To achieve this, said UNCTAD, “it is important that developing countries have enough policy space, in particular in the areas of trade, finance, and industrial development, and that they have the fiscal revenues to match their ambition.”

In this context, the UNCTAD paper outlined four elements of a more ambitious and flexible policy approach that will be required to spur growth and attain the goals of a post-2015 development agenda.

First, with the developmental effects of export-led growth strategies based on demand from the North running out of steam, a greater role will need to be given to domestic and regional demand.

“In addition to redistributive measures, employment creation and rising wages to help bolster the growth of domestic consumption, many countries need to raise their levels of domestic investment, including in the public sector.”

Second, said UNCTAD, the effectiveness of rebalancing developing countries’ growth strategies would be strengthened by industrial policies.

It noted that a number of developing countries, including the largest ones, have already adopted new industrial policy initiatives, in some cases responding to a failure to achieve the economic transformation promised by structural adjustment programmes, in others as an effort to replicate the success of the East Asian economies.

“But that success was very strongly export oriented, and any new initiatives will need to be matched by appropriate macroeconomic and financial policies aimed at adjusting developing countries’ productive capacity and competitiveness so as to respond to rising domestic and regional demand without excessive pressure on prices or the trade balance.”

Developed countries are also again acknowledging the role of industrial policy in boosting productivity growth, encouraging innovation and creating decent jobs.

For example, the approach of the United States of America to industrial policy combines an “entrepreneurial State” with a “coordinating State” to skilfully use sector-specific measures to support the manufacturing sector.

Third, said UNCTAD, in commodity-dependent economies, converting natural resource rents into sustained growth and industrialisation will require a high level of investment and a virtuous link between trade and capital accumulation.

The sharp increase in commodity prices that started around 2002-2003 has raised fears of premature de-industrialisation in some middle-income developing countries.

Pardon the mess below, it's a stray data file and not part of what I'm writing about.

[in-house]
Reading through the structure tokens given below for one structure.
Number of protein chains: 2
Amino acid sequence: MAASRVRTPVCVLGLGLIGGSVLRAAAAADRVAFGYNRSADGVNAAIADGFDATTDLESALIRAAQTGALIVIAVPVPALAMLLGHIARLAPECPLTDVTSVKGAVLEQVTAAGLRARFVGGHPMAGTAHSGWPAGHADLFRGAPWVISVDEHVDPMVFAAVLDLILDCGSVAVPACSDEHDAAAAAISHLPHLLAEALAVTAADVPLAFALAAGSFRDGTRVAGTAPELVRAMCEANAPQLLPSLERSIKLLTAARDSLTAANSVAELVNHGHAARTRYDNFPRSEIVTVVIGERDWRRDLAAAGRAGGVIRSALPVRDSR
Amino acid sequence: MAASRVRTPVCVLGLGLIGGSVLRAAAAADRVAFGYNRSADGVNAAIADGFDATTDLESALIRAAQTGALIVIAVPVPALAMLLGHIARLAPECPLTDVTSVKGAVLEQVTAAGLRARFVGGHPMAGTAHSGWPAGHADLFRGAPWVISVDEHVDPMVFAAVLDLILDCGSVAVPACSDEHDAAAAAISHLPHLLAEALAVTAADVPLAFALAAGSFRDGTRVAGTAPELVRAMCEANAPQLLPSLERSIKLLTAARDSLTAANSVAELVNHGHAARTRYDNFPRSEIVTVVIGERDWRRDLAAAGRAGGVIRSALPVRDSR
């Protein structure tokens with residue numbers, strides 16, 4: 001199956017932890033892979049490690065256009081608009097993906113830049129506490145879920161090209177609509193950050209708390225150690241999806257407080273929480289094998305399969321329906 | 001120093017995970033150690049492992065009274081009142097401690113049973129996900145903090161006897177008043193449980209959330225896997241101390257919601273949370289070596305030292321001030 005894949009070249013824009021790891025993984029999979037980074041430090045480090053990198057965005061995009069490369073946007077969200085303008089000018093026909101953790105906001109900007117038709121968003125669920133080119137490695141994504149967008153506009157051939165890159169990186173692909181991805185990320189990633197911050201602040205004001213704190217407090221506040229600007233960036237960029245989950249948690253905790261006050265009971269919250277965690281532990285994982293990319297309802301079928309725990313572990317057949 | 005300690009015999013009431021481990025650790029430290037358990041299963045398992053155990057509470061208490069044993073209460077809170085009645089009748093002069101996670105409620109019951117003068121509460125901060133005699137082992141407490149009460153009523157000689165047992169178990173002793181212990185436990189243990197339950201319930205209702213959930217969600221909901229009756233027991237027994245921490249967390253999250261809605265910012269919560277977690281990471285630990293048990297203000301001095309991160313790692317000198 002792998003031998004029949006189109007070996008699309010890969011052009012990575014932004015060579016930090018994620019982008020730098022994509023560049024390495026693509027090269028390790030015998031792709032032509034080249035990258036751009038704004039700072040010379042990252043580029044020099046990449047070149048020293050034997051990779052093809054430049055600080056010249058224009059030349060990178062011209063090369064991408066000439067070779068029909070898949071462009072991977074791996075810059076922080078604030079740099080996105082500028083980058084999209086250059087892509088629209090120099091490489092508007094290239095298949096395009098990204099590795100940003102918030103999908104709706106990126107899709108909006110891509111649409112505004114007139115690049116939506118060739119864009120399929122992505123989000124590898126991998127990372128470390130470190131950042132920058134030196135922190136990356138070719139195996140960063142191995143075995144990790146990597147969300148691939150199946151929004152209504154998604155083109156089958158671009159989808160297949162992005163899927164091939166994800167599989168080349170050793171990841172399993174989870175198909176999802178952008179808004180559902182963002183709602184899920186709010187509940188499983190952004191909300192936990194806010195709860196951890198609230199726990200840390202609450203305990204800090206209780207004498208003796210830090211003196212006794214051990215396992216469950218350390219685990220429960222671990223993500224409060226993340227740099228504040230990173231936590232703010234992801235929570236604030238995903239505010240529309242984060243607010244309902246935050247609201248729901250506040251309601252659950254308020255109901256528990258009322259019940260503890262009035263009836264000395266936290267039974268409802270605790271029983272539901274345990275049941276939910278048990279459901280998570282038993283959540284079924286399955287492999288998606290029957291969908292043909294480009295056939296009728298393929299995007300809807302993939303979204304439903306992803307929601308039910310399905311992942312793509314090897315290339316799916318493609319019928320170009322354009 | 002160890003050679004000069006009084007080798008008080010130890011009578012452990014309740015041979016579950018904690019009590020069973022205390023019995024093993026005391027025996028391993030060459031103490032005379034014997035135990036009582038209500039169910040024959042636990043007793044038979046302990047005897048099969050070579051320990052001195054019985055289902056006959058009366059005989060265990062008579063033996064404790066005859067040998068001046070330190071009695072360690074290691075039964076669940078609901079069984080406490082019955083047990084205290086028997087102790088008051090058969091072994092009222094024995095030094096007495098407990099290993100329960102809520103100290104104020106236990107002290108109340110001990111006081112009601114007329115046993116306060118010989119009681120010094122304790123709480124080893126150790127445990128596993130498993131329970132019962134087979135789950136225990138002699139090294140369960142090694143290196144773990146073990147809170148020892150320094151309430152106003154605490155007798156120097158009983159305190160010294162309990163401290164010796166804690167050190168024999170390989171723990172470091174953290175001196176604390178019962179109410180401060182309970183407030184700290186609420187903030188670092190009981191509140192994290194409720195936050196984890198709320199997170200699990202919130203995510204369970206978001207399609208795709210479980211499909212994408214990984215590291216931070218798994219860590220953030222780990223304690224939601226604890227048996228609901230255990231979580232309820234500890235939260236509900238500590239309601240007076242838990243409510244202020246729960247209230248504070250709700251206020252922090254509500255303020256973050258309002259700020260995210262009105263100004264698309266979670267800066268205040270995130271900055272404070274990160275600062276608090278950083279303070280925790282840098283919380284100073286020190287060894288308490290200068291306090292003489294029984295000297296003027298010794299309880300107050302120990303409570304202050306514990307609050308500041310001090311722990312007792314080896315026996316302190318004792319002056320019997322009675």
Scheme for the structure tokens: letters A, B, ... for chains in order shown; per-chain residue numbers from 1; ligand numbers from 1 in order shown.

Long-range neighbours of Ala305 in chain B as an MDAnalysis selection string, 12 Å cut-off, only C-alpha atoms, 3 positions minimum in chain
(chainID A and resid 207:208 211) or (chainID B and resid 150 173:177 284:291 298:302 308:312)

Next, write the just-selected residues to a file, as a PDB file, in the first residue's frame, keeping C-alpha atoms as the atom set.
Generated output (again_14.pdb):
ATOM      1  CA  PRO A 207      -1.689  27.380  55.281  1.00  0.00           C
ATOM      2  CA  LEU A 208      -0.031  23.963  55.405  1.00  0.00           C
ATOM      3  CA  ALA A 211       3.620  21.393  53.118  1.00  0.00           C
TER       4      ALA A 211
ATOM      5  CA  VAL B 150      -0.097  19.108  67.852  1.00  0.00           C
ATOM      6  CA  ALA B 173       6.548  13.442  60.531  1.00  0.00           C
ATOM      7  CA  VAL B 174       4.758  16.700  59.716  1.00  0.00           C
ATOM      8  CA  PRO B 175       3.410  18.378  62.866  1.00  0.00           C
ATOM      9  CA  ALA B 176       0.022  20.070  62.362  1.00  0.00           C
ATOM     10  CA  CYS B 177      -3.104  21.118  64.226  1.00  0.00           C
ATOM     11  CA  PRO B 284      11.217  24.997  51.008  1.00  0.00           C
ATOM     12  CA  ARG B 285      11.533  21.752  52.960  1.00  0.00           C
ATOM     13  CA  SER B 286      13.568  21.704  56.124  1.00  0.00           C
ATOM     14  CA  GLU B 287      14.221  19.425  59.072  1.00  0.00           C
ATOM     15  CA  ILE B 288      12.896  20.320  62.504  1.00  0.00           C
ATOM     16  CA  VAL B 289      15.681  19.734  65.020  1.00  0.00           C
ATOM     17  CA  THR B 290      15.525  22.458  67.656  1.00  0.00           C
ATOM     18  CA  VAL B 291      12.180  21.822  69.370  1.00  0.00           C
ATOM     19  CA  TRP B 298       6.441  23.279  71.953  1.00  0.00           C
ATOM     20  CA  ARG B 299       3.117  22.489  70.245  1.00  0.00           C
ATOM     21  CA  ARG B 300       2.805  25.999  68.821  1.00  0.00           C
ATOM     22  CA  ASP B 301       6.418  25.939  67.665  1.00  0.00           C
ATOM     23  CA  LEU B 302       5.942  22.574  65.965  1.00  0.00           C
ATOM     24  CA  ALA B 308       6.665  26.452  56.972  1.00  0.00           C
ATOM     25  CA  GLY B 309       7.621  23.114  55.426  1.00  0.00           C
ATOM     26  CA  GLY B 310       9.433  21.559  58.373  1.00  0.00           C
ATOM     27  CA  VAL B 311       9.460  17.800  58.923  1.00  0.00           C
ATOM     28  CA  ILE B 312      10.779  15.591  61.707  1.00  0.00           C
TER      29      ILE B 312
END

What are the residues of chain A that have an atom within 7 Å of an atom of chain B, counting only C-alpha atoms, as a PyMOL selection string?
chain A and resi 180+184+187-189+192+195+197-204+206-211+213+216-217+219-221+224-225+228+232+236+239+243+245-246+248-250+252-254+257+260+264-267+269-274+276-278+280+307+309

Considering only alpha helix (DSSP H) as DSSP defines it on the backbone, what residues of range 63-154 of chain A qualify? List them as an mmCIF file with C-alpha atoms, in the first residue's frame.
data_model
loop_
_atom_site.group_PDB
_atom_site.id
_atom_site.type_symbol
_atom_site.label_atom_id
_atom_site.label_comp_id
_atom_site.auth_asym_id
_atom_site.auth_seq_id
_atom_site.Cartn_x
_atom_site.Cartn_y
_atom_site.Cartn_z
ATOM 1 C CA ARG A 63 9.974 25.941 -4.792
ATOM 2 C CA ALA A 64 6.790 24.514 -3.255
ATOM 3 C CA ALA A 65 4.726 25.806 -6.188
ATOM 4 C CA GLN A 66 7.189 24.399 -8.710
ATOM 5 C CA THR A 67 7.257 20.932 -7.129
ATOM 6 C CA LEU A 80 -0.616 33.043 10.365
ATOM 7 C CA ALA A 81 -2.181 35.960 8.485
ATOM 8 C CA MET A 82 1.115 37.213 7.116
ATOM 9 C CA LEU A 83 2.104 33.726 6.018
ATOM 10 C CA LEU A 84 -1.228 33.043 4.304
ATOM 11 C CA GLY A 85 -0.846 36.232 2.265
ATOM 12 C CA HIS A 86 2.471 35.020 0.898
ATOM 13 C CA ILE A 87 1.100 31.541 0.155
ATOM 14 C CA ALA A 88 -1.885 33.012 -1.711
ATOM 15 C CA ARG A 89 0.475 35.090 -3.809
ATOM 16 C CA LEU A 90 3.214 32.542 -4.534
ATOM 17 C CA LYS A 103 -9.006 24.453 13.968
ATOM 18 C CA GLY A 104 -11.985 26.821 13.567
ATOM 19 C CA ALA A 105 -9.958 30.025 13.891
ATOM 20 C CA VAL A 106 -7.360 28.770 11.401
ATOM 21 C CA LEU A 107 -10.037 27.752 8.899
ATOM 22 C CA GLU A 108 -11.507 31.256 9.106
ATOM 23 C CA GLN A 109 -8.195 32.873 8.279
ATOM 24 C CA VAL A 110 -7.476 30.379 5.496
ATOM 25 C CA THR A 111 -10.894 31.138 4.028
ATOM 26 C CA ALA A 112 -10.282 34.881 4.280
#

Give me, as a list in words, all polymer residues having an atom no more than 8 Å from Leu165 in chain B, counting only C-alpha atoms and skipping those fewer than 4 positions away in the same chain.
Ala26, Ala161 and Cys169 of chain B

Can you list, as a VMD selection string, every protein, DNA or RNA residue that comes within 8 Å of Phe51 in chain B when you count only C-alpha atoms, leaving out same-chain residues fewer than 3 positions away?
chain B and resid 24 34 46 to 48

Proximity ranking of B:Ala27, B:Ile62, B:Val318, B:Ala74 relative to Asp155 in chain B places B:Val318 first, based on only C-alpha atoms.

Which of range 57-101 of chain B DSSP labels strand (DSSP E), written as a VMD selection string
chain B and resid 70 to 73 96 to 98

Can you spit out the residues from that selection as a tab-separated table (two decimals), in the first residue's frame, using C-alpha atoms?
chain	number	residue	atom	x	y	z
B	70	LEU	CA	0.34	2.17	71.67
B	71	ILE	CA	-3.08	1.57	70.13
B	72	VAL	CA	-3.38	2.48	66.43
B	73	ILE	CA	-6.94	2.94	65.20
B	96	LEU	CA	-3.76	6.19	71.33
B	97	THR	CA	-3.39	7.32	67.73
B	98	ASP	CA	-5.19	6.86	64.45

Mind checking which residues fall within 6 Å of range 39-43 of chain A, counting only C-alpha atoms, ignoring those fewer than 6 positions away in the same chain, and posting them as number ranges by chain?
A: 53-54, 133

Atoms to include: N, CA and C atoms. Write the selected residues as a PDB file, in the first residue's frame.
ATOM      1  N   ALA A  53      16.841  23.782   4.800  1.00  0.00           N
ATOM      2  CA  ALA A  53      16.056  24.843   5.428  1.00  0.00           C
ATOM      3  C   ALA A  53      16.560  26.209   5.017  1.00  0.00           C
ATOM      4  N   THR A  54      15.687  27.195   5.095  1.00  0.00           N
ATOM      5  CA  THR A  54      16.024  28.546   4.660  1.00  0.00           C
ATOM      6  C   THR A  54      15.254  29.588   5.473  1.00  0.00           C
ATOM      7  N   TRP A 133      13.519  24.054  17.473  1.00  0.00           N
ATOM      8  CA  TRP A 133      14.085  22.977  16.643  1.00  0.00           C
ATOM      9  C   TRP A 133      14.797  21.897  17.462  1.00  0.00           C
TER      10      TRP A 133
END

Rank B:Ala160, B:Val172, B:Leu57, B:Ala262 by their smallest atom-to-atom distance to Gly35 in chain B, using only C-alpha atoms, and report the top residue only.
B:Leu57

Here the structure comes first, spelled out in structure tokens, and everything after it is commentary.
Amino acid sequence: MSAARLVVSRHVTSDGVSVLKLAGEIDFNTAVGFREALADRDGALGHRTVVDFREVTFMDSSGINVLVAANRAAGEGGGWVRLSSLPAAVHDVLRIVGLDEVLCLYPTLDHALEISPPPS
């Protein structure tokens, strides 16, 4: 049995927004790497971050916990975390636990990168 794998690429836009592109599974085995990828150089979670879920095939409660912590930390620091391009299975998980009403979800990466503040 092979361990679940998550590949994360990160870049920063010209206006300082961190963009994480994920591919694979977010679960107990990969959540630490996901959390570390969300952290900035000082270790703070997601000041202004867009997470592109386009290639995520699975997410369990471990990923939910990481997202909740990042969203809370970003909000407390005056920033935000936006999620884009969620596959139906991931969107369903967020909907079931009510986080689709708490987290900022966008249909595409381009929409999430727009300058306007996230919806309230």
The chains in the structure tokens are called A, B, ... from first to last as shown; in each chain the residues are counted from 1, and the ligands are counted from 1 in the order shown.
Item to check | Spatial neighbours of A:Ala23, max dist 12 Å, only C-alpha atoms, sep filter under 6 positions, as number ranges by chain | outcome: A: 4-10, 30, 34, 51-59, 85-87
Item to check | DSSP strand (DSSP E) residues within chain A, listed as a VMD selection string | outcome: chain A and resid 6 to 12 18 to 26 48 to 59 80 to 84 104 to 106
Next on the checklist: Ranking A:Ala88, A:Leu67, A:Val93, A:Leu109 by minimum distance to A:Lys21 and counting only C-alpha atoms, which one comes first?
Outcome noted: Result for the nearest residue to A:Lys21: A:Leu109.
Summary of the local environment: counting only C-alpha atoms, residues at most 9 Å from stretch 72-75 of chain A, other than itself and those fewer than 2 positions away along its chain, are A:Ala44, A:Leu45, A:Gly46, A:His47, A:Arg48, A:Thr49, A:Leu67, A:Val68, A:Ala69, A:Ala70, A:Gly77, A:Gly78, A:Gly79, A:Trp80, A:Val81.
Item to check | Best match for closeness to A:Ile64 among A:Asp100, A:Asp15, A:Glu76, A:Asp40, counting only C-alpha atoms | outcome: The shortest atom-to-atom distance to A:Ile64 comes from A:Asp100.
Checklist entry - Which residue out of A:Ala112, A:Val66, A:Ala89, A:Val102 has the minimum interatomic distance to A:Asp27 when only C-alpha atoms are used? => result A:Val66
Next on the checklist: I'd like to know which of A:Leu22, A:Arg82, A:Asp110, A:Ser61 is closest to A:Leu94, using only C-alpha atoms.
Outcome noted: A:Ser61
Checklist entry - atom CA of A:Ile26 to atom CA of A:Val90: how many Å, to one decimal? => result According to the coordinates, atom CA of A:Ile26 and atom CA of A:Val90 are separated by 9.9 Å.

“An industrial policy that supports the private sector in identifying and expanding activities in promising manufacturing sectors could greatly facilitate such diversification efforts.”

Moreover, UNCTAD added, in many developing countries, increasing the generation of public revenues from natural resources will be essential for the financing of such efforts.

Fourth, integrating into international production networks should not be seen as the only element in a country’s industrialisation strategy.

Doing so may provide opportunities for countries at an early stage of structural transformation to accelerate industrial development in some sectors, said UNCTAD.

However, UNCTAD cautioned that the evidence that integration into these networks spurs sustained industrialisation is at best ambiguous.

“Structural transformation episodes, even if initially successful, are often linked only to ‘thin’ industrialisation that offers few opportunities for economic and social upgrading.”

It underlined that developing countries that have achieved some degree of industrial development will still need to maintain policy flexibilities if their further participation in international production networks is to deepen and widen the firm and cross-sectoral level linkages needed to promote economic and social upgrading.

According to UNCTAD, effectively pursuing such more ambitious policies could be greatly supported by strengthened global trade governance that focuses on two elements.

First, reinforcing inclusive multilateral mechanisms would help maintain the public good character of multilateral rules and preclude competitive liberalisation that may be ill-suited to developing countries’ development prospects.

Second, refocusing trade negotiations on multilateral agreements would imply reconsidering the developmental character of the growing number of regional trade agreements and international investment agreements and could help make further headway in the ongoing Doha Round of multilateral trade negotiations.

According to UNCTAD, developing countries will also need to leverage the greater economic and political power they have achieved over the past two decades.

“In particular, a more robust South-South integration architecture (already emerging at the regional level and with the New Development Bank established by the BRICS countries) could help buttress a more ambitious post-2015 agenda,” it said.

By Kanaga Raja.

Source: SUNS #7973 Tuesday 3 March 2015.